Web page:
Mr. Ives’ Christmas by Oscar Hijuelos

Mr Ives Christmas

Mr. Ives’ Christmas    

Oscar Hijuelos (Adult Fiction)

It was around Christmas when a young foundling named Edward was given a home, a family, and a last name.  His adoptive father, Mr. Ives Senior (a foundling himself), managed a printing plant and gave his new son two brothers and a sister, provided him with a good amount of encouragement, and—most importantly—taught him how to pray.  While growing up, Edward basked in the cultural richness that surrounded him in New York during the 20s and 30s.  By the 1950s, his creativity landed him in a Madison Avenue ad agency where he worked, thrived, and would eventually retire.  His simple and humble life would involve marriage, children, delight and despair and through it all, Edward will come to realize that the life he imagined for himself is very different from the life that he’s been given.

Oscar Hijuelos delivers a beautifully written novel that is vividly detailed and rich in historical insights and context, yet I found myself disappointed and wishing that I had enjoyed this book more.  First, it was difficult connecting with the main character.  Hijuelos often interjects various characters’ backstories throughout the book.  This was helpful in creating history and perspective, but the constant interruptions ultimately sacrificed intimacy for insight and greatly hampered the flow of the story, which leads to the second point.  It was extremely challenging to stay immersed in the story.  Rather than focus on a central theme, this book read more like a series of random thoughts, insights, and memories.  Hijuelos simply went off on one tangent too many and the book becomes a regrettable product of information overload.

This book mainly centers on New York and spans over several decades.  In that respect, it was interesting to see a city in constant transformation and evolution during the cultural, political, and social movements of the 50s, 60s, and 70s.  I also appreciated the spiritual issues that Hijuelos covered without being overtly religious.  We see Edward’s struggle to reconcile his religion with his faith and the eventual effect it has on his physical and mental health.  But through life’s tragedies and triumphs, Mr. Edward Ives remains a sentimental, kind, and honorable man, father, husband, and friend who realizes that Christmas isn’t his story, but it’s His story—the babe born in a manger who would die on a cross.  Although Edward often finds himself grappling with a life full of uncertainty and anguish, through his faith and belief, Mr. Ives finds peace in knowing that his afterlife is secured and in good hands.  Merry Christmas, Mr. Ives.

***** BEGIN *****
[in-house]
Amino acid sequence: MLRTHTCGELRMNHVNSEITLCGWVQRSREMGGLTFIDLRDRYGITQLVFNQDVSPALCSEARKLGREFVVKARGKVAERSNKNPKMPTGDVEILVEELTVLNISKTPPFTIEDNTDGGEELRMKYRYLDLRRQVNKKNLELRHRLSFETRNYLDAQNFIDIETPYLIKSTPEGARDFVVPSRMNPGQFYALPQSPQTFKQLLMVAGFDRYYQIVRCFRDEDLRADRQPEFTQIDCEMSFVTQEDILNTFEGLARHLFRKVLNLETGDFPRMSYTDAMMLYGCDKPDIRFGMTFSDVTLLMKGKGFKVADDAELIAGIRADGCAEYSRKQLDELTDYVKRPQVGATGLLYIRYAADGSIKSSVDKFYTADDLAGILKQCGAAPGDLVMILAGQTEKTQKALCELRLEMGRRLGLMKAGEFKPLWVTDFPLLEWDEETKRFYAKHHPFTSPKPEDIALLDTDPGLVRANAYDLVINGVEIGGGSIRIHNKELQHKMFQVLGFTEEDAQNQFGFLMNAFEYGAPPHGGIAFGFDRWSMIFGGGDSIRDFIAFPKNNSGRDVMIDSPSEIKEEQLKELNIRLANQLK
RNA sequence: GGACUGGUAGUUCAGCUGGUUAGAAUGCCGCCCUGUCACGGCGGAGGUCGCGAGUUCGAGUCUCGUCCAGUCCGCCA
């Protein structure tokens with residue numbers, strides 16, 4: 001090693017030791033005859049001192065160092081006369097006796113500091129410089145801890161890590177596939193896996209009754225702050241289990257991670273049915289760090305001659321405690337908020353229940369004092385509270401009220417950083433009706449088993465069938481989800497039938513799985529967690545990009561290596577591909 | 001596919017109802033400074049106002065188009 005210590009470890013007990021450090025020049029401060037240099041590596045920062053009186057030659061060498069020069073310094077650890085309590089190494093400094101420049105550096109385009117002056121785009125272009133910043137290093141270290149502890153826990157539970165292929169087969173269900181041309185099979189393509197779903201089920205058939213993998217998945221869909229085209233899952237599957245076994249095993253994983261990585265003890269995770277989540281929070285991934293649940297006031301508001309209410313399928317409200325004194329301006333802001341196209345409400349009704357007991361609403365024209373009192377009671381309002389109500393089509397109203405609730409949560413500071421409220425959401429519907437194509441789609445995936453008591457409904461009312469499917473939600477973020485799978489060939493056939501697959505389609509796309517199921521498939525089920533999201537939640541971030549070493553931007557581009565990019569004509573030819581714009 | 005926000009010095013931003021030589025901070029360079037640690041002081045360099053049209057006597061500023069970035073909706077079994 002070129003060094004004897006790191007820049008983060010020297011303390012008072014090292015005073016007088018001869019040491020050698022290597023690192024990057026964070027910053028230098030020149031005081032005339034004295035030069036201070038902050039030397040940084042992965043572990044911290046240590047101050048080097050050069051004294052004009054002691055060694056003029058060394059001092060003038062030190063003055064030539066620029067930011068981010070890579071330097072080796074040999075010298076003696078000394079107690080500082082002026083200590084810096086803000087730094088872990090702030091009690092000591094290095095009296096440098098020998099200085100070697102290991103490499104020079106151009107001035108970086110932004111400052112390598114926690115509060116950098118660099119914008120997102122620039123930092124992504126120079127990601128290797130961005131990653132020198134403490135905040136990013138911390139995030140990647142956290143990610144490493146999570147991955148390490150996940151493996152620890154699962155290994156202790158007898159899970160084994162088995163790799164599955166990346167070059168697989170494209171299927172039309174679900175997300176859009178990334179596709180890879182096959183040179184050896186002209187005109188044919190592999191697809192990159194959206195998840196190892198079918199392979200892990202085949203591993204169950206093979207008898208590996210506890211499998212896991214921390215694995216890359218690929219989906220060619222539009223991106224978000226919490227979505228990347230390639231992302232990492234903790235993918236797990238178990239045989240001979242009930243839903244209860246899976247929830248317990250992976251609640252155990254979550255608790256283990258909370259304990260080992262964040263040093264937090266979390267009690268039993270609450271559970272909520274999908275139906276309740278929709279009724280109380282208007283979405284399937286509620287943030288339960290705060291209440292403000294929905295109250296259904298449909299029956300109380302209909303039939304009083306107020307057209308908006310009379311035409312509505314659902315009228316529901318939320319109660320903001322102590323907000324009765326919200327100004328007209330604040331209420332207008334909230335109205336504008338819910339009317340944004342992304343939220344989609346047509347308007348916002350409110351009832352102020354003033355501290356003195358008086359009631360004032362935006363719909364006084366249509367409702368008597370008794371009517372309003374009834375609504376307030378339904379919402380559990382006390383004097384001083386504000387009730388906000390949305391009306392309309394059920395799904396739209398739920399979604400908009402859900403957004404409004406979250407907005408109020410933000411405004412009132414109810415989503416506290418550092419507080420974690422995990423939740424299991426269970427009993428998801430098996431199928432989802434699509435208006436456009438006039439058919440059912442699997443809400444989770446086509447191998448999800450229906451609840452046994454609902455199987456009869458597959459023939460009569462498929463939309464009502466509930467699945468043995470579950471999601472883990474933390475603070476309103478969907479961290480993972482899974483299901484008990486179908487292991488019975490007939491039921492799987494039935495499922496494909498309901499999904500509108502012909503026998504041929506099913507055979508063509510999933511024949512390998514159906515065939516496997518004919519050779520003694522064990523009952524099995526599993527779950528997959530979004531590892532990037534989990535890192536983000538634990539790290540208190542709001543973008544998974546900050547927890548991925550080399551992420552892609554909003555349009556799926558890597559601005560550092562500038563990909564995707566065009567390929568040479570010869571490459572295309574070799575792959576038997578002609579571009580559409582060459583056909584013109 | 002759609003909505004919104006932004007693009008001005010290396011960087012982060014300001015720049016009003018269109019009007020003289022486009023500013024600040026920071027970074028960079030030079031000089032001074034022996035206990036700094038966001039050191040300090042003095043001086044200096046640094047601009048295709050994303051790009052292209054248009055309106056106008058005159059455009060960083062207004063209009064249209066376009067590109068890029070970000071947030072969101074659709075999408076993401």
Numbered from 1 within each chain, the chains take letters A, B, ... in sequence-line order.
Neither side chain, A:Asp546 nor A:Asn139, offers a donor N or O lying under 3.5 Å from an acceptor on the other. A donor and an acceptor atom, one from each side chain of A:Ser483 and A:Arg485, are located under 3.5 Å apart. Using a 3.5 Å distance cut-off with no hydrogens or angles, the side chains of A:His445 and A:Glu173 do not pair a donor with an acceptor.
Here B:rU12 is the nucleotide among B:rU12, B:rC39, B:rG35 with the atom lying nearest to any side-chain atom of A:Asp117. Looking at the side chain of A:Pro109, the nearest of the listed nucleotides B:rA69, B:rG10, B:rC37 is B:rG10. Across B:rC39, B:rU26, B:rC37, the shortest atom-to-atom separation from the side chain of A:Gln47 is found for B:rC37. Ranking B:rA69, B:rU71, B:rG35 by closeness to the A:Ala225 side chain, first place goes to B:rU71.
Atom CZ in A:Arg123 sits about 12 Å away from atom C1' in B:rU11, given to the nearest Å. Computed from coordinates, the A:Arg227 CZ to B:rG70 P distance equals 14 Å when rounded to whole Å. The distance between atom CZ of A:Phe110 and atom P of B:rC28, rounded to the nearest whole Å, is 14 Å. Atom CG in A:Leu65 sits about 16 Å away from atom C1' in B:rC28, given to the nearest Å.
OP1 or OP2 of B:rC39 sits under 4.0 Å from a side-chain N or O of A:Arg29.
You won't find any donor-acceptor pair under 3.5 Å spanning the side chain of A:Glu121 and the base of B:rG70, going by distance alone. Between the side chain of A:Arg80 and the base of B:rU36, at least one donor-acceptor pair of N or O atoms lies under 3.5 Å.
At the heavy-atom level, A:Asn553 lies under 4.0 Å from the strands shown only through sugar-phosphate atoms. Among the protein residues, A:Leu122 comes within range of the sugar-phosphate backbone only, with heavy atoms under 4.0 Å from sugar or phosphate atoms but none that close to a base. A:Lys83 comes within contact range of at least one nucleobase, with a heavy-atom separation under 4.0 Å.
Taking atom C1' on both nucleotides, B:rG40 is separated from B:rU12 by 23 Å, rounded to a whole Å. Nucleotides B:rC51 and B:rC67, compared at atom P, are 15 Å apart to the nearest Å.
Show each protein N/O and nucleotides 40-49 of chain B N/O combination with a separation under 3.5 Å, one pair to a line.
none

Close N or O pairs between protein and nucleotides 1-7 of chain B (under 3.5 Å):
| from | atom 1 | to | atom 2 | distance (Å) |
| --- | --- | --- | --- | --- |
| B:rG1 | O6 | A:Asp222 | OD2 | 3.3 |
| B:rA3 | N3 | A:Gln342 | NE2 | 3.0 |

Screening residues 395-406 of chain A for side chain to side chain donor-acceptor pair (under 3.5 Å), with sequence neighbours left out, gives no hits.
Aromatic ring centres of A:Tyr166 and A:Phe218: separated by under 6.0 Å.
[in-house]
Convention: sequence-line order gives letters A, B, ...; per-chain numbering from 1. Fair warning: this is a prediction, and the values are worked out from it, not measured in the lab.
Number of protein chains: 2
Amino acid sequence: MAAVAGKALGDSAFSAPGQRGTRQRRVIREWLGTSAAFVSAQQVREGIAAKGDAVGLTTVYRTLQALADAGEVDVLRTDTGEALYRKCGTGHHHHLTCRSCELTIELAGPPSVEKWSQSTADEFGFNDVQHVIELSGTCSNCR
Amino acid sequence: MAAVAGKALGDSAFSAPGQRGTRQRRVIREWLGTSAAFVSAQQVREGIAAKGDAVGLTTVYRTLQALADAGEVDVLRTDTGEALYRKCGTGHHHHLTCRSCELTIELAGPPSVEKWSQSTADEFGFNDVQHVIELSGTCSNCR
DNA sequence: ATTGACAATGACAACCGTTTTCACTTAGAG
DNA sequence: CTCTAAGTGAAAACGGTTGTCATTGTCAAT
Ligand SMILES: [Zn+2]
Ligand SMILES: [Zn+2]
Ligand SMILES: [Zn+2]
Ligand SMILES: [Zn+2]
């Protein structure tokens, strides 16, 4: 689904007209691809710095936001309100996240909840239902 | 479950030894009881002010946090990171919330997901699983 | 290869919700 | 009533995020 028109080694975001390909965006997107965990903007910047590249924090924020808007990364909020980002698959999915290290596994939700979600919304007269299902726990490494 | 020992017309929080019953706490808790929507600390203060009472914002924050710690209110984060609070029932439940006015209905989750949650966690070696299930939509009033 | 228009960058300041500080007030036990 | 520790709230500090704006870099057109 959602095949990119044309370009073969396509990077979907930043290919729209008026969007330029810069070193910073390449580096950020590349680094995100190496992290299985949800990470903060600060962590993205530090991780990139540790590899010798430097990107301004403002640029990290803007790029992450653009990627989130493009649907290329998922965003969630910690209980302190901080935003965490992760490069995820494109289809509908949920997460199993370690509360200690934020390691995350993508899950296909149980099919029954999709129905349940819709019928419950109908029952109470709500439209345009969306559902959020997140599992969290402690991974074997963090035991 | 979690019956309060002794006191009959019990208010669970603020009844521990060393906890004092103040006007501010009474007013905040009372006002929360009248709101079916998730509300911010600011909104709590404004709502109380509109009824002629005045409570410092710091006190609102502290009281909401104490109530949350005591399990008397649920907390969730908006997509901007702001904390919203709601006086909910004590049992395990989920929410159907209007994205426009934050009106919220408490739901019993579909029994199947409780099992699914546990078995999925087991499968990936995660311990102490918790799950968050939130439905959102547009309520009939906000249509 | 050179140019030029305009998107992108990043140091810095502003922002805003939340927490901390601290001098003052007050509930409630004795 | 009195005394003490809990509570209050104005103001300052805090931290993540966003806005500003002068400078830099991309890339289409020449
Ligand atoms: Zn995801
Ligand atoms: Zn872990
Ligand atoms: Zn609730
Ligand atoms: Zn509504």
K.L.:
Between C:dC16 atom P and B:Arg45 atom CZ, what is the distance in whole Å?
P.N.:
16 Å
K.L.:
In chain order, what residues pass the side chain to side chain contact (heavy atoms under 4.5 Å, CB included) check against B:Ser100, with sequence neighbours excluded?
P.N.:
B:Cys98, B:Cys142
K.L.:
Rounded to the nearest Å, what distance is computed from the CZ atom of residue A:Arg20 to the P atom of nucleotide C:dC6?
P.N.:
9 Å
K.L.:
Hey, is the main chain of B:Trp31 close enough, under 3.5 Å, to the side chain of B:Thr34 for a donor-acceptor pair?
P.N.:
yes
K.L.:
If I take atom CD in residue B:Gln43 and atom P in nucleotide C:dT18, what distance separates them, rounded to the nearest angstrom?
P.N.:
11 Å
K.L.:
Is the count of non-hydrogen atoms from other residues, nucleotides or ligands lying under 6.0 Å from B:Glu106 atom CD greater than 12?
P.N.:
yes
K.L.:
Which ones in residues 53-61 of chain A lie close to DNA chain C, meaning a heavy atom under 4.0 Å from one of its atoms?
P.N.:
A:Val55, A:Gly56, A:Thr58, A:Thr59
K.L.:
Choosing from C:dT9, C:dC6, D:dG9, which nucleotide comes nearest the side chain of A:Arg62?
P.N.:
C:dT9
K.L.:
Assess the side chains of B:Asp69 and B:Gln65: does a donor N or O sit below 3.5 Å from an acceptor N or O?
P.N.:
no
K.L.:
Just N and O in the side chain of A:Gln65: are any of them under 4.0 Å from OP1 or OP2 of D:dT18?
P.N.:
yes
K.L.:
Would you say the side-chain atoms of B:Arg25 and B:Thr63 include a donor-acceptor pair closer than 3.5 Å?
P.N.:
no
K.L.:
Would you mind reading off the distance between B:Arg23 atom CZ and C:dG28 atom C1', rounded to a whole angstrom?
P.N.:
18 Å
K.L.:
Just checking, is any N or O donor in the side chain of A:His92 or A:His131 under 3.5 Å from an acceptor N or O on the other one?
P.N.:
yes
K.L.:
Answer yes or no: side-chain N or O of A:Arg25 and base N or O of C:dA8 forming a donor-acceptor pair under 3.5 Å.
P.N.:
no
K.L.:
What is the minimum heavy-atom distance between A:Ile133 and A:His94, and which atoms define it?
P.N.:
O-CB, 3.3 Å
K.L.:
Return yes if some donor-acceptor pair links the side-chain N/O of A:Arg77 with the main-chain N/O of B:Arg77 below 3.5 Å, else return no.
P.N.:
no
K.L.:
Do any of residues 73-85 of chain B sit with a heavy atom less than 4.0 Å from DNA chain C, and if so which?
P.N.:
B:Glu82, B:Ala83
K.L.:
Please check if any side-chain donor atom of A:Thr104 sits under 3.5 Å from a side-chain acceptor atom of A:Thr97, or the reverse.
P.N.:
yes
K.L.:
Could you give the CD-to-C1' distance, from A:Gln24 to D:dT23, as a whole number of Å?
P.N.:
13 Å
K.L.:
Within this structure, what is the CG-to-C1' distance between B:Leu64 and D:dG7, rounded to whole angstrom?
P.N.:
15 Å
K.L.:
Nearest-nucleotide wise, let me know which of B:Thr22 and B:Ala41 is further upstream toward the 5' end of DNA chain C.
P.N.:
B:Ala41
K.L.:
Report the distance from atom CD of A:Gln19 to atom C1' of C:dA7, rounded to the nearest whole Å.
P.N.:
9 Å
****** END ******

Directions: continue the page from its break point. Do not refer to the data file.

Rating: 3/5

* Book cover image attributed to


Joy in the Morning by Betty Smith

Joy in the Morning

Joy in the Morning

Betty Smith (Adult Fiction)

            “Weeping may endure for a night, but joy cometh in the morning.”

                                    —Psalm 30:5

 Carl Brown and Annie McGairy are young and deeply in love.  Just past her 18th birthday, Annie travels from her home in New York to the Midwest to join her beloved in marriage.  Much to their mutual surprise, Carl and Annie’s first year proves to be unexpectedly difficult.  Carl is attending the university studying law and holding down several jobs while Annie tries to adapt to her new surroundings without the security and familiarity of friends and family.  Together, through lean times and unforeseen events, they must rely on their faith and love to pull them through.

What I admire most about Smith is that she gives us a strong, witty, and self-assured female character without diminishing her male counterpart.  All too often we see one character being lowered for the sake of elevating the other.  Despite their differences in education and social standing, Carl and Annie view each other as equals and share a mutual respect and passionate devotion for one another.  This alone is refreshing to see in a novel.

Set in 1927, Smith presents us with a small university town populated with principled (albeit flawed) people who all share a strong work ethic, solid moral compass, and innate desire to be decent, kind, and fair to their fellow man.  Her stories are charming and heartwarming without being overly sentimental or trite. A truly uplifting book that focuses on the goodness of humanity rather than its faults and follies.

Rating: 4/5